The crew chiefs were all running around trying to find spare flak suits again. I should not be surprised if a couple of extra parachute chest packs were put aboard. As I looked at a B-17 crew nearby suiting up and getting ready to start engines, I did not see any brave men. I saw lots of guys hoping that someone would announce that the mission was scrubbed, permanently.

July 25

I have no memories of taking off or crossing the British Channel. … Our squadron was a bit spread out and the pilots were trying hard to get into close formation. As the top turret gunner, I was watching overhead to protect against falling bombs from friendly aircraft. The ball turret gunner was doing the same thing. The navigator and the toggelier were looking for markers indicating the bomb line. The bomb doors were open. We were flying the mission “as briefed,” at about 12,000 feet.

As top turret gunner, I could not see the target area. Looking forward I could see the bomber groups queued up ahead of us. The flak was greeting them. It was not Berlin, Leipzig or Munich but there was enough to trigger the adrenaline and cause the heart beat rate to double, maybe triple.

About that time I heard the tail gunner, S/Sgt. Wally Allen, call out, “Flak! Behind us, and low.” I swung my turret to six o’clock and looked. Black flak tracking us and getting closer. Allen said something again, I don’t remember exactly what. The next burst was closer, still behind us but the flak’s altitude was improving. Projecting where the next shell would burst, I was convinced that we were finished, dead. I keyed the mike and shouted, “Pull ‘er up!” Naturally, as we were on the bomb run, there was no option to maneuver and we didn’t.

The shell exploded with an audible noise behind and just below us. I was astonished to still be alive and that the plane was still flying. I don’t know where the next flak burst went but I do remember the toggelier shouting “Bombs away.” The formation seemed to loosen up and as we turned away from the target I looked down but could only see smoke and dust in the target area.

When we cleared the target area the navigator asked the crew to check in. There was no response from the tail gunner. The pilot ordered one of the waist gunners to investigate. I assumed it was merely some sort of intercom problem. But in a few minutes the waist gunner reported that Wally Allen had been fatally wounded.

As soon as we hit the Channel, the pilot got permission to break away from the Group and head straight to Grafton Underwood. I climbed out of my turret and went back to the waist. I thought that there might be some sort of mistake. The two waist gunners were sitting on the floor. I peered back into the tail and saw that Wally’s parachute had been opened and used to cover his body. I asked George Hunter if he was sure that Allen was dead. He said that he was sure. He did not know where the flak had hit him but there was blood all over. There was nothing to be done, according to George.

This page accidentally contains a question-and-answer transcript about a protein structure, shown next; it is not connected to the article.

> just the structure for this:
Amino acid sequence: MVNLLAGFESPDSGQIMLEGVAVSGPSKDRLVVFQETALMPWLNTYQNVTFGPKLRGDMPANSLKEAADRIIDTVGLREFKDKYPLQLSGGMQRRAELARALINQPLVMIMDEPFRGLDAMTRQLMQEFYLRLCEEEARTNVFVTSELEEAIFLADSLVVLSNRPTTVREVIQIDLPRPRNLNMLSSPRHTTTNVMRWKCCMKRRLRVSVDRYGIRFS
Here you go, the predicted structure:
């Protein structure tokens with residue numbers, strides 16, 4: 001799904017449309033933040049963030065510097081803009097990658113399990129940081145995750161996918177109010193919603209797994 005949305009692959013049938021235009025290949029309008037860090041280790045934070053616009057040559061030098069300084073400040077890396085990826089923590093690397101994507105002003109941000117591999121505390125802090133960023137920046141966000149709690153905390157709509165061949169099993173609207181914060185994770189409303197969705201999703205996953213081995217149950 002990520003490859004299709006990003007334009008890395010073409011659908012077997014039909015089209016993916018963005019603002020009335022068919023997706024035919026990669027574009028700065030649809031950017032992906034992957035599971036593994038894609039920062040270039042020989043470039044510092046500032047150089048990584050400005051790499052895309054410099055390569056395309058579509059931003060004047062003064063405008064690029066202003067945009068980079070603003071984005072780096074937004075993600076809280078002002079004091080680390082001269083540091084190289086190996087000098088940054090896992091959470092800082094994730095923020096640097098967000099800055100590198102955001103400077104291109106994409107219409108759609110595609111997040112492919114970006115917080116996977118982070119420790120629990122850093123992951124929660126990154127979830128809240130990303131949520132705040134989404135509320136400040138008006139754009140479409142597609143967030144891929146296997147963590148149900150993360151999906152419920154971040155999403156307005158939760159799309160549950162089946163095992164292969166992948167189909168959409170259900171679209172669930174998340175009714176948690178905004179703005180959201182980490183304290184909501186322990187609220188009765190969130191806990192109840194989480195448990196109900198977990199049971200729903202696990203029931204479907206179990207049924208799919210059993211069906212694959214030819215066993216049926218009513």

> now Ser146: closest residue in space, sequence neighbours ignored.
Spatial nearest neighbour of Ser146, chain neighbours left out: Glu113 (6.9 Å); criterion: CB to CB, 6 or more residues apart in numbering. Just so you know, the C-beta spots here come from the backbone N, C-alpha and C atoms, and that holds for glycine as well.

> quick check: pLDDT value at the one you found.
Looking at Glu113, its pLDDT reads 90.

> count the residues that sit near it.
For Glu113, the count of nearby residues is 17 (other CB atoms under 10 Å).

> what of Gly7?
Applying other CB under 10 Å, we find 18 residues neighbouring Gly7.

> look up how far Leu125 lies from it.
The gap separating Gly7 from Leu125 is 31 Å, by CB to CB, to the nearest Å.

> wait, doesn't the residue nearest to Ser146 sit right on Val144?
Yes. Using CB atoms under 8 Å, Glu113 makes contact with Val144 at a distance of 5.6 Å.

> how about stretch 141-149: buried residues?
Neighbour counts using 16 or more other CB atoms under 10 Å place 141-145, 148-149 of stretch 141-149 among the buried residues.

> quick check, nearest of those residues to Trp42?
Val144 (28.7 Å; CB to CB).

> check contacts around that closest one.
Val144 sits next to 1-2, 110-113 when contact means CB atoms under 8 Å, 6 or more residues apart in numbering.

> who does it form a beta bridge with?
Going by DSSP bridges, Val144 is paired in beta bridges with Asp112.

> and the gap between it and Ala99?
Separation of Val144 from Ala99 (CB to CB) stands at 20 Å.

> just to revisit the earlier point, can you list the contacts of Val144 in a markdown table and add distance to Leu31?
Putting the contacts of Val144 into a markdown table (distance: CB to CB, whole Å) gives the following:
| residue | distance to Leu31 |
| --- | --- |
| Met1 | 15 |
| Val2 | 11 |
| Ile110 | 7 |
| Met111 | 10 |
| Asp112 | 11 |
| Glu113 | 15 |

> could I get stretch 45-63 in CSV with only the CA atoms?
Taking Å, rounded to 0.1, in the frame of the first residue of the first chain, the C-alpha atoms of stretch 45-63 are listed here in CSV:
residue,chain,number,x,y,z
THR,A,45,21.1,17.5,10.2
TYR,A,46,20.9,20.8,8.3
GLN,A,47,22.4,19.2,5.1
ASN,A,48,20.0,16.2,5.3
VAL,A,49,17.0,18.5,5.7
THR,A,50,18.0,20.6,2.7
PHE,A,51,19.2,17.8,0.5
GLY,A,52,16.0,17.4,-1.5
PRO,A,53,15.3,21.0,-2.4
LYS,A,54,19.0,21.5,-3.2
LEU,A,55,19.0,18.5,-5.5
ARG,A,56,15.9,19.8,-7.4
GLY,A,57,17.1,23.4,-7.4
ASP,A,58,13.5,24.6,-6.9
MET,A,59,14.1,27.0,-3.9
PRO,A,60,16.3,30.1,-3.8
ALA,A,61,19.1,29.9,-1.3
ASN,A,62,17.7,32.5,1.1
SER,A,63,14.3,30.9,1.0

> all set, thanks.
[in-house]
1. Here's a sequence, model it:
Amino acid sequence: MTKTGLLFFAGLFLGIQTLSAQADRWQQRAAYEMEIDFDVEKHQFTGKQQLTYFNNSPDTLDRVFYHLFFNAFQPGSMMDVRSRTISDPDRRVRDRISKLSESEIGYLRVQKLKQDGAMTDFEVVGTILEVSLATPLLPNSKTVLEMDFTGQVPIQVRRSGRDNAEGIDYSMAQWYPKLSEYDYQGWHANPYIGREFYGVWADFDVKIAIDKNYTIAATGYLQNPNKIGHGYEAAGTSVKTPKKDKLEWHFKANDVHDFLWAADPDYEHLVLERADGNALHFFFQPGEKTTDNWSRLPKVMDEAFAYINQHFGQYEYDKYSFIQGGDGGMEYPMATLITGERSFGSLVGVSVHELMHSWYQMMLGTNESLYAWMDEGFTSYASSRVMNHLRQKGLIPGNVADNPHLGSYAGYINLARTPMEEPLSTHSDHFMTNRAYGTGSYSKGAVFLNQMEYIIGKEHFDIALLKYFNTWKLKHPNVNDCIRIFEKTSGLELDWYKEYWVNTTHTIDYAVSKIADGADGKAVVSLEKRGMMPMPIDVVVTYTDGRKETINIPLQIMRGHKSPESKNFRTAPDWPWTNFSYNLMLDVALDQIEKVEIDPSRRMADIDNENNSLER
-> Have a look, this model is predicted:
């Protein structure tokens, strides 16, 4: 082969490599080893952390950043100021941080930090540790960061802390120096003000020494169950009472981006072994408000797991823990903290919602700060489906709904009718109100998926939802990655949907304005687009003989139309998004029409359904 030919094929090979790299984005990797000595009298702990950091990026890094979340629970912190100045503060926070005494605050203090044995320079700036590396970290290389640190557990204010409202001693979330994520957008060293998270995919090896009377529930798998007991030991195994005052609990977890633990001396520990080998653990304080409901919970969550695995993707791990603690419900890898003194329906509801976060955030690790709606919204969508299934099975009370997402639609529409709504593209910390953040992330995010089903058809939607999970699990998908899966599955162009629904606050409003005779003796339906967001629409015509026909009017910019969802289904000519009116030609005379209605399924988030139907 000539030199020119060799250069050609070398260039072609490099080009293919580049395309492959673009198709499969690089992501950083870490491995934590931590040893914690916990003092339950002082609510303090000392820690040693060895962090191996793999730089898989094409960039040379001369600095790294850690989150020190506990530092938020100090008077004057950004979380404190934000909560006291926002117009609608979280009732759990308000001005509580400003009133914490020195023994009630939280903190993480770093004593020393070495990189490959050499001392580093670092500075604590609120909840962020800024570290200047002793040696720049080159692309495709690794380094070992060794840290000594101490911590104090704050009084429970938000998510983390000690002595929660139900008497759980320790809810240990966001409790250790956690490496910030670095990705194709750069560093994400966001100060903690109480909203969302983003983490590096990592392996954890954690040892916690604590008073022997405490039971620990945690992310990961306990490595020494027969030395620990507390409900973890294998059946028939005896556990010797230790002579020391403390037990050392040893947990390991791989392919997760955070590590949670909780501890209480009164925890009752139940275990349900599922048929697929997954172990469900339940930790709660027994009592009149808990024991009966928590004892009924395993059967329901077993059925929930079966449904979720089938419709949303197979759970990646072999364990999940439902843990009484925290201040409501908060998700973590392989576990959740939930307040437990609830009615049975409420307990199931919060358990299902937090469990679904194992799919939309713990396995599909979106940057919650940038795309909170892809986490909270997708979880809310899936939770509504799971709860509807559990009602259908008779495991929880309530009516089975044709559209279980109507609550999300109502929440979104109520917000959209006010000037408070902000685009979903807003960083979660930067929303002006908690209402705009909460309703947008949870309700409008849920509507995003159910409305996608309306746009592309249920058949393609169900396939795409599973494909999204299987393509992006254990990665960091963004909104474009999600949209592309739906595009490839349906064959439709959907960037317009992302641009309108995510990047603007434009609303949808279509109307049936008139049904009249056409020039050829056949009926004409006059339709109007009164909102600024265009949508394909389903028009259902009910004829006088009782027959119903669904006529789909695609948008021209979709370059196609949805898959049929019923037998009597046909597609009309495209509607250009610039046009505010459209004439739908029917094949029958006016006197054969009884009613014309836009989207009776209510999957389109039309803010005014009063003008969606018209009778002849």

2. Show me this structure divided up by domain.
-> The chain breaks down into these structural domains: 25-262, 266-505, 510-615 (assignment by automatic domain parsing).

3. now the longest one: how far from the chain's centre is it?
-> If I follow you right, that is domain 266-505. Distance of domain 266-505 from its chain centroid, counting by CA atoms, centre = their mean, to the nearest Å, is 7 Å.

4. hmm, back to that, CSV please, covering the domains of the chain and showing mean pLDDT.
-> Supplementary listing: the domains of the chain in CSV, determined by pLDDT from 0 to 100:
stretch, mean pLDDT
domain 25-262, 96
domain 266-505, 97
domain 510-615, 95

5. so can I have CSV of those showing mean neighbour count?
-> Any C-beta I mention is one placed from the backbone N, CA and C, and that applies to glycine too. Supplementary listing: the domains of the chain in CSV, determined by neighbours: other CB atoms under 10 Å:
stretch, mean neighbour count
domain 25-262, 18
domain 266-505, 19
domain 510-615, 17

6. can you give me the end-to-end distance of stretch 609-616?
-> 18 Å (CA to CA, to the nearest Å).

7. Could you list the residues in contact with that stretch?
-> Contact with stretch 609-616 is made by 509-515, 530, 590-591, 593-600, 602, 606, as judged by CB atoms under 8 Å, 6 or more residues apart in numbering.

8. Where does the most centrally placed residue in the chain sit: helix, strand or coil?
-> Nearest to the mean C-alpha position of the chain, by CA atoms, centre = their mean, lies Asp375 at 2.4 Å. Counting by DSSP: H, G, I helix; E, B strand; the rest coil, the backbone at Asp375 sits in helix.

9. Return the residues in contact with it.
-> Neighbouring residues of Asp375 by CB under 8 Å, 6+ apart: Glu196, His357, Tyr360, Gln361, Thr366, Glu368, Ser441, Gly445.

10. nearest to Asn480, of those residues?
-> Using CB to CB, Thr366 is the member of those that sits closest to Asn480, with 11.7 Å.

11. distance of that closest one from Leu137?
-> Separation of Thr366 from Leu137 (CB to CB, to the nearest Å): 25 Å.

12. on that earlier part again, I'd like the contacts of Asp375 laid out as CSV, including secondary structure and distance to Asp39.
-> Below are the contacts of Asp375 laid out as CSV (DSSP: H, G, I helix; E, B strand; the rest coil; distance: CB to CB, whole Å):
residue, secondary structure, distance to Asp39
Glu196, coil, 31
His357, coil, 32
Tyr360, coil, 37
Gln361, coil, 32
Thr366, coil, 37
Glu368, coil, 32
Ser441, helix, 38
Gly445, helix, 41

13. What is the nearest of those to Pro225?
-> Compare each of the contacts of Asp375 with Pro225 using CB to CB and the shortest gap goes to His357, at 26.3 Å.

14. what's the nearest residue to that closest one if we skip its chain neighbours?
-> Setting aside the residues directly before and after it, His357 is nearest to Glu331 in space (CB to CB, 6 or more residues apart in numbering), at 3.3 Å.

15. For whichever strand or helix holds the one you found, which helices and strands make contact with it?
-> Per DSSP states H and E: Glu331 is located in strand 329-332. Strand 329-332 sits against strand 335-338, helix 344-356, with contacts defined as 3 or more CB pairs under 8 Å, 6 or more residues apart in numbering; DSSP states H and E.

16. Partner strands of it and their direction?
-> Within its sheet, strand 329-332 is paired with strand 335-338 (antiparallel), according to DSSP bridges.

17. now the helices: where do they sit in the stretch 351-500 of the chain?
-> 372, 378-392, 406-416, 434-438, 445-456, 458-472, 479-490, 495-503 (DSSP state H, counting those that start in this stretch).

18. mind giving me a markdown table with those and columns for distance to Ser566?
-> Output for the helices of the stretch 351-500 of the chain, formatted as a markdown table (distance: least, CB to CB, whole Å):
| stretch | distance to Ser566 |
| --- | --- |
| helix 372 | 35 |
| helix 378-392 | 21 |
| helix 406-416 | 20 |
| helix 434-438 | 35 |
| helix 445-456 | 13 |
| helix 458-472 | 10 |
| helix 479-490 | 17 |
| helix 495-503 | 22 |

I sat down on floor near the waist guns, stunned, refusing to believe that my best friend was dead. Death was something that happened to other people, in other planes, not here and not now. I don’t remember what happened next. Maybe I was crying or shaking but I remember somebody putting an arm around me and offering me a cigarette. I was just twenty and it was the first cigarette I had ever smoked.

Months later, after completing my tour and returning to the States, I went to Traverse City, Michigan to see Wally Allen’s family. We had made certain promises to each other, so I had to go. And I told his father and sister about what we did for General Bradley at St. Lo.

…In 1995, I contracted tuberculosis. The doctor asked me if I was a smoker. I said I had quit years ago. He asked me when I first started smoking and added somewhat sympathetically, it was okay to make a reasonable guess. I said, “I know exactly when I started smoking: it was July 25, l944.” He looked at me in amazement. “How do you know that?” I replied, “That was the day we bombed St. Lo.” Still amazed, he said, “Where is St. Lo?”

It was, of course, sad to read of the details of Wallace’s death, but it strangely brought closure for my mother, especially when combined with the vignette’s of Wallace’s life that Morris had shared. I’m still amazed a decade later that my family was able to take this trip back in time via the Twilight Zone I encountered via Google Search.

What better epitaph could a man want than what Morris Sunshine wrote about Wallace F. Allen:

I can best describe him by saying that his main feature was “purity.” By that I mean, he was idealistic, sweet, never aggressive, never used bad language, never critical of people who deserved criticism, tolerant, uncomplex, humorous, willing to listen to people he disagreed with, and for all these reasons, was attractive to girls
and respected by his crew and bunkmates.

Posted in World War 2 | Tagged | 3 Comments

Mickey Mouse Saves the Day!

mickeycolorOn January 7th, 1942, one month after Pearl Harbor, T.W. Smith, Jr., the owner of the Sun Rubber Company, and his designer, Dietrich Rempel, with Walt Disney’s approval introduced a protective mask for children. This design of the Mickey Mouse Gas Mask for children was presented to Major General William N. Porter, Chief of the Chemical Warfare Service.

prototype mickey